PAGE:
Peter Baker reported from Washington and Nicholas Kulish from Berlin. Judy Dempsey contributed reporting from Berlin, and Clifford J. Levy from Moscow.

    White House to Scrap Bush’s Approach to Missile Shield, NYT, 17.9.2009, http://www.nytimes.com/2009/09/18/world/europe/18shield.html






Pentagon Keeps Wary Watch

as Troops Blog


September 9, 2009
The New York Times


Over the course of 10 months in eastern Afghanistan, an Army specialist nicknamed Mud Puppy maintained a blog irreverently chronicling life at the front, from the terror of roadside bombs to the tyrannies of master sergeants.

Often funny and always profane, the blog, Embrace the Suck (military slang for making the best of a bad situation), flies under the Army’s radar. Not officially approved, it is hidden behind a password-protected wall because the reservist does not want his superiors censoring it.

“Some officer would be reviewing all my writing,” the 31-year-old soldier, who insisted that his name not be used, said in an e-mail message. “And sooner or later he would find something to nail me with.”

There are two sides to the military’s foray into the freewheeling world of the interactive Web. At the highest echelons of the Pentagon, civilian officials and four-star generals are newly hailing the power of social networking to make members of the American military more empathetic, entice recruits and shape public opinion on the war.

Gen. Ray Odierno, commander of American forces in Iraq, is on Facebook. The chairman of the Joint Chiefs of Staff, Adm. Mike Mullen, has a YouTube channel and posts Twitter updates almost daily.

The Army is encouraging personnel of all ranks to go online and collaboratively rewrite seven of its field manuals. And on Aug. 17, the Department of Defense unveiled a Web site promoting links to its blogs and its Flickr, Facebook, Twitter and YouTube sites.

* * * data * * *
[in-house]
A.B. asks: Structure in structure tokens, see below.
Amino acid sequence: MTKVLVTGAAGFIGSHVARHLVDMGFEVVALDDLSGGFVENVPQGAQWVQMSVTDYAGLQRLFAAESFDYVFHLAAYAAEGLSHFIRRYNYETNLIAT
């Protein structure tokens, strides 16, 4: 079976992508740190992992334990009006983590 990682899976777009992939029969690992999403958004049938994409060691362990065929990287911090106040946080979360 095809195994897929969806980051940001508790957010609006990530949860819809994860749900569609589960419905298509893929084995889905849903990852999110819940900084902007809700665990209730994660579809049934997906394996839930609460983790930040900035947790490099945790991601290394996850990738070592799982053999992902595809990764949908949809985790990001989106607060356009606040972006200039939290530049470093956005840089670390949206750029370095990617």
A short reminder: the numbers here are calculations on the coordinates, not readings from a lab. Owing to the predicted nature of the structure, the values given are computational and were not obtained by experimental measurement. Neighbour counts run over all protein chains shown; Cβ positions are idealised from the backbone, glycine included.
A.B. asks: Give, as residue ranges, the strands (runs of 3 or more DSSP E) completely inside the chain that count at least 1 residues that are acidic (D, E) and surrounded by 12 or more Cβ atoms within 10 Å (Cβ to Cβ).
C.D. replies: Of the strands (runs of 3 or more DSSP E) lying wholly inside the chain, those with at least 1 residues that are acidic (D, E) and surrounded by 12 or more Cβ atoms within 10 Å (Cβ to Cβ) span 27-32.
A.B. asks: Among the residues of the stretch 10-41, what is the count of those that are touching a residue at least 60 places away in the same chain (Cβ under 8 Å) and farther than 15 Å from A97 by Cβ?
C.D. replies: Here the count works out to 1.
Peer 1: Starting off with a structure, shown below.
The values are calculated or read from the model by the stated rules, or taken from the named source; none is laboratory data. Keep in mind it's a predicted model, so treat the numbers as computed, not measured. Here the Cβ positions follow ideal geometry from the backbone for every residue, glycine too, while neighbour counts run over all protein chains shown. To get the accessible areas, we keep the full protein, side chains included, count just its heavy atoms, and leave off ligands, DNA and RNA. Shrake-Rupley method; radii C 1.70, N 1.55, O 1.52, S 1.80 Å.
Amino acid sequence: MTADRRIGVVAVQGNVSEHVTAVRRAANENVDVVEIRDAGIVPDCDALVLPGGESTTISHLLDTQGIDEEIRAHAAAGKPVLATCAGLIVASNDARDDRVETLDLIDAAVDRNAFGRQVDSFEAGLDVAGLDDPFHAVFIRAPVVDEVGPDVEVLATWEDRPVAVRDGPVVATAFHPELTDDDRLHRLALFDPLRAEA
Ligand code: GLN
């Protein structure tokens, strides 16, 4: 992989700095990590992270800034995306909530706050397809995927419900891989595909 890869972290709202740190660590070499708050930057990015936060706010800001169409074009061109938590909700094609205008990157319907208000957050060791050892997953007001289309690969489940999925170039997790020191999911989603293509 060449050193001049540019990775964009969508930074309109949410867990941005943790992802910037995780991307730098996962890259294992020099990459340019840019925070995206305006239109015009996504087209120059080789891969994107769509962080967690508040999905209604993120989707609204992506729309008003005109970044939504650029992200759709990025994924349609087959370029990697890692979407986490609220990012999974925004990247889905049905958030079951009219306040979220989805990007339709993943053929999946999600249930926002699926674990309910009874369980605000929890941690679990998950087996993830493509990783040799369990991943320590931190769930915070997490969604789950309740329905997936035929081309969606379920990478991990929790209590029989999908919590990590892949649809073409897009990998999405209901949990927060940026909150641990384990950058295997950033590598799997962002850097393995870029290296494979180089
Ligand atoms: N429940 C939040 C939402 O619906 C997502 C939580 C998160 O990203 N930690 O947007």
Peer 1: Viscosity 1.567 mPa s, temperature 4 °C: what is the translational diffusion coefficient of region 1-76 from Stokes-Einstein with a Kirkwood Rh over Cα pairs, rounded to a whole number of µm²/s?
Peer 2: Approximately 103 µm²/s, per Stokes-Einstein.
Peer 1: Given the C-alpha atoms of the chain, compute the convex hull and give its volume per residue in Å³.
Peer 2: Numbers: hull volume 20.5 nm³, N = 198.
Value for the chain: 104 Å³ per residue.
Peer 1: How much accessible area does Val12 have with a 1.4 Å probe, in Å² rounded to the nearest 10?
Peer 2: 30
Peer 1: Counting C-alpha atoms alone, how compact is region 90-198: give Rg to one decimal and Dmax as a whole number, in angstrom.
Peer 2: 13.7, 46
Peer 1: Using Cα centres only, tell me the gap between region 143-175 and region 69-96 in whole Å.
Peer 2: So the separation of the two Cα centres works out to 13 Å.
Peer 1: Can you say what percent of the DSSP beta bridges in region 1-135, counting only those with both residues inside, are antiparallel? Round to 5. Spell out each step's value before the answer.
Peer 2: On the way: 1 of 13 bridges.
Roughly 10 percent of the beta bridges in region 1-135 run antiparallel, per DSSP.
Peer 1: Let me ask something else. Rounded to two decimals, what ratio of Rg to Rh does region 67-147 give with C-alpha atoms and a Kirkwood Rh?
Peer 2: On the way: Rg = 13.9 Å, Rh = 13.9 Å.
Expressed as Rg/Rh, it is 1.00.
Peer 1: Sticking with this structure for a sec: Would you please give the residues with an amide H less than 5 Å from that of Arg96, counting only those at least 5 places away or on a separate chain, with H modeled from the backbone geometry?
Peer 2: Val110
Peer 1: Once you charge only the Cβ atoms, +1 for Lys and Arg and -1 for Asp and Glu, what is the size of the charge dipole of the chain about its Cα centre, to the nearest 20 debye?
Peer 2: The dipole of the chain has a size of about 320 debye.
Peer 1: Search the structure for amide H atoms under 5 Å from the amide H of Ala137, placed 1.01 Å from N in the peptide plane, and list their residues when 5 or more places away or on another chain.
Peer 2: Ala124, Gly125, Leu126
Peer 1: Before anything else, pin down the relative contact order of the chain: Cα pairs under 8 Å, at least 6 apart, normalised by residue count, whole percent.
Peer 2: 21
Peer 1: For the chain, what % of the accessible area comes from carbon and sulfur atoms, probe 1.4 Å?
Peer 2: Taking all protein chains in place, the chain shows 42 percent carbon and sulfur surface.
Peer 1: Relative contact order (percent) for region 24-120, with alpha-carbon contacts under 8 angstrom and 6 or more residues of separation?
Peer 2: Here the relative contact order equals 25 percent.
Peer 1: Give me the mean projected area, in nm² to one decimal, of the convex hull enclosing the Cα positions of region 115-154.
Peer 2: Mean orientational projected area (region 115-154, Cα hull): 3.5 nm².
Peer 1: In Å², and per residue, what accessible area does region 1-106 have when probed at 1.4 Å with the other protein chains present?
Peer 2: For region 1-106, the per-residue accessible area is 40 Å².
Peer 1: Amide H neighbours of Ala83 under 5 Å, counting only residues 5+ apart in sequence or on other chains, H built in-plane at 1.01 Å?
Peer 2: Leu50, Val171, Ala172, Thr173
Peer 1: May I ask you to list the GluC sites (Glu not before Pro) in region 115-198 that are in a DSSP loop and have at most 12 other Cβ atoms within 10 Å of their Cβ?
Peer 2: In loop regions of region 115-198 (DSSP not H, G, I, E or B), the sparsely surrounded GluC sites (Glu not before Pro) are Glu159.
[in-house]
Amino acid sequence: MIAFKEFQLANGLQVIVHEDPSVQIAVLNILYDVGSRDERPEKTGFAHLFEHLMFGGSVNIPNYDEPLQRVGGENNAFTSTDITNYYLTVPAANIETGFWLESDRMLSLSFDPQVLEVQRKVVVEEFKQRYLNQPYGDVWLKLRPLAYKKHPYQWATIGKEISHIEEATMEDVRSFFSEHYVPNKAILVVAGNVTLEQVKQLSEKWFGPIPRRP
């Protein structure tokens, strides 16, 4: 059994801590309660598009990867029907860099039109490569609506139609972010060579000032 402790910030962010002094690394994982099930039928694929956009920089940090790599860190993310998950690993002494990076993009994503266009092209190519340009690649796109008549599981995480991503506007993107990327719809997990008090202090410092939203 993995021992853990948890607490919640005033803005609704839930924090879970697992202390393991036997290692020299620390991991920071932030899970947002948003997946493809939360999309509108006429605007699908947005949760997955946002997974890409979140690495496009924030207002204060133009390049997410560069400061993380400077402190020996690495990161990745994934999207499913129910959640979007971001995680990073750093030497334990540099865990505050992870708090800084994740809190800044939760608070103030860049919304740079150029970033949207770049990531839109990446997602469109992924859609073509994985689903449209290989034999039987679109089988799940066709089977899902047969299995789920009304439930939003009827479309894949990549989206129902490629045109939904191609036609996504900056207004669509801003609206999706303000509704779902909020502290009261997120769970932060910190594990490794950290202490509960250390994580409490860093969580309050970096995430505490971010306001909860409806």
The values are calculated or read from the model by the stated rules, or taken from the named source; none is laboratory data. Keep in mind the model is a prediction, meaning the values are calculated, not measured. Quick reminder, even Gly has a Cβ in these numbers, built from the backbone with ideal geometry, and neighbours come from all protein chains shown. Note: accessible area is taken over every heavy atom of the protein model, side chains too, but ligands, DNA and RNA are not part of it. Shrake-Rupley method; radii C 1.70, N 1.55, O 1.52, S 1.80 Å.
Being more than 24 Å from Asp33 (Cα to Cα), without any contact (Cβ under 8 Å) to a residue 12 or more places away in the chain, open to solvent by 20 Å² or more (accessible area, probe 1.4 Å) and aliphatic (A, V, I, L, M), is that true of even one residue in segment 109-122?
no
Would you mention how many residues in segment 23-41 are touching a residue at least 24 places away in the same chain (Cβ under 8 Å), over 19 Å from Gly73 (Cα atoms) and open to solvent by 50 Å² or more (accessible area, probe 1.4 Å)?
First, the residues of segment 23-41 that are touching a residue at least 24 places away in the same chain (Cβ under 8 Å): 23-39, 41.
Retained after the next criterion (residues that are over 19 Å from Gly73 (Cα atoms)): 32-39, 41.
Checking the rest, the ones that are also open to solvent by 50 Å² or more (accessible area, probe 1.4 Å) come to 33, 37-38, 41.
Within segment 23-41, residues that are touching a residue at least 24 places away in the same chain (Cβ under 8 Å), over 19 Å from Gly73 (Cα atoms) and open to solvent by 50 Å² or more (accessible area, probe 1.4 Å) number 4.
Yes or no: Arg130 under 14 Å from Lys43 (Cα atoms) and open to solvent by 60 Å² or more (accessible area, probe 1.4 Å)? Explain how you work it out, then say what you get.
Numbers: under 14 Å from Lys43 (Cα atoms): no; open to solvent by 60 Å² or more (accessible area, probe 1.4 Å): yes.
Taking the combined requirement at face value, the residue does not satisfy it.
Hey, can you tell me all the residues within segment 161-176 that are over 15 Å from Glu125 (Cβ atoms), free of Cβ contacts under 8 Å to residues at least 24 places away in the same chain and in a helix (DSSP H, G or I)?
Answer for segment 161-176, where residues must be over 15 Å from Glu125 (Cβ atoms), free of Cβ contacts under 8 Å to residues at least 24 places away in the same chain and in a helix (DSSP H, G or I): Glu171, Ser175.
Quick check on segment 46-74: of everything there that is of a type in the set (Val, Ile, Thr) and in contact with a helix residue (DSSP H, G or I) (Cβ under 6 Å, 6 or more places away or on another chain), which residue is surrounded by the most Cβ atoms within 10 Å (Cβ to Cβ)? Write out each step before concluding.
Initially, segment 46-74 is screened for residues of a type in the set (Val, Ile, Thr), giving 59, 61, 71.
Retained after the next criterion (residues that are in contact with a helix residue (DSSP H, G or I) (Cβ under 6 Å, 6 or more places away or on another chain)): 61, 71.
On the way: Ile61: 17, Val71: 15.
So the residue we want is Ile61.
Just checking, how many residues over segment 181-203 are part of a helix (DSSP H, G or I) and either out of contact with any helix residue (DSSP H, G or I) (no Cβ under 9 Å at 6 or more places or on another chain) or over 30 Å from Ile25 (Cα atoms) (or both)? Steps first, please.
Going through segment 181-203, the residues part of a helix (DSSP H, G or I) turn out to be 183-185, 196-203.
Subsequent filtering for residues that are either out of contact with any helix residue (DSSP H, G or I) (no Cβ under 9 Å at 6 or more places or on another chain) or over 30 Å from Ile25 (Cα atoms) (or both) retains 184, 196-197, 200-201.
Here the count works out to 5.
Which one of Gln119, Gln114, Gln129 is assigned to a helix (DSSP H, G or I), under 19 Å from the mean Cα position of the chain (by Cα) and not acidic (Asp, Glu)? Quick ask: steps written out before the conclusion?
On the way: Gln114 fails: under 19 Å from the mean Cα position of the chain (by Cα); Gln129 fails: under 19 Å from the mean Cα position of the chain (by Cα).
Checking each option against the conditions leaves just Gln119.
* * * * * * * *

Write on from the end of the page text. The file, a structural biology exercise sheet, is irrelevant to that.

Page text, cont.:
The Web, however, is a big place. And the many thousands of troops who use blogs, Facebook, Twitter and other social media sites to communicate with the outside world are not always in tune with the Pentagon’s official voice. Policing their daily flood of posts, videos and photographs is virtually impossible — but that has not stopped some in the military from trying.

The Department of Defense, citing growing concerns about cybersecurity, plans to issue a new policy in the coming weeks that is widely expected to set departmentwide restrictions on access to social networking sites from military computers. People involved with the department’s review say the new policy may limit access to social media sites to those who can demonstrate a clear work need, like public information officers or family counselors.

If that is the case, many officials say, it will significantly set back efforts to expand and modernize the military’s use of the Web just as those efforts are gaining momentum. And while the new policy would not apply to troops who use private Internet providers, a large number of military personnel on bases and ships across the world depend on their work computers to gain access to the Internet.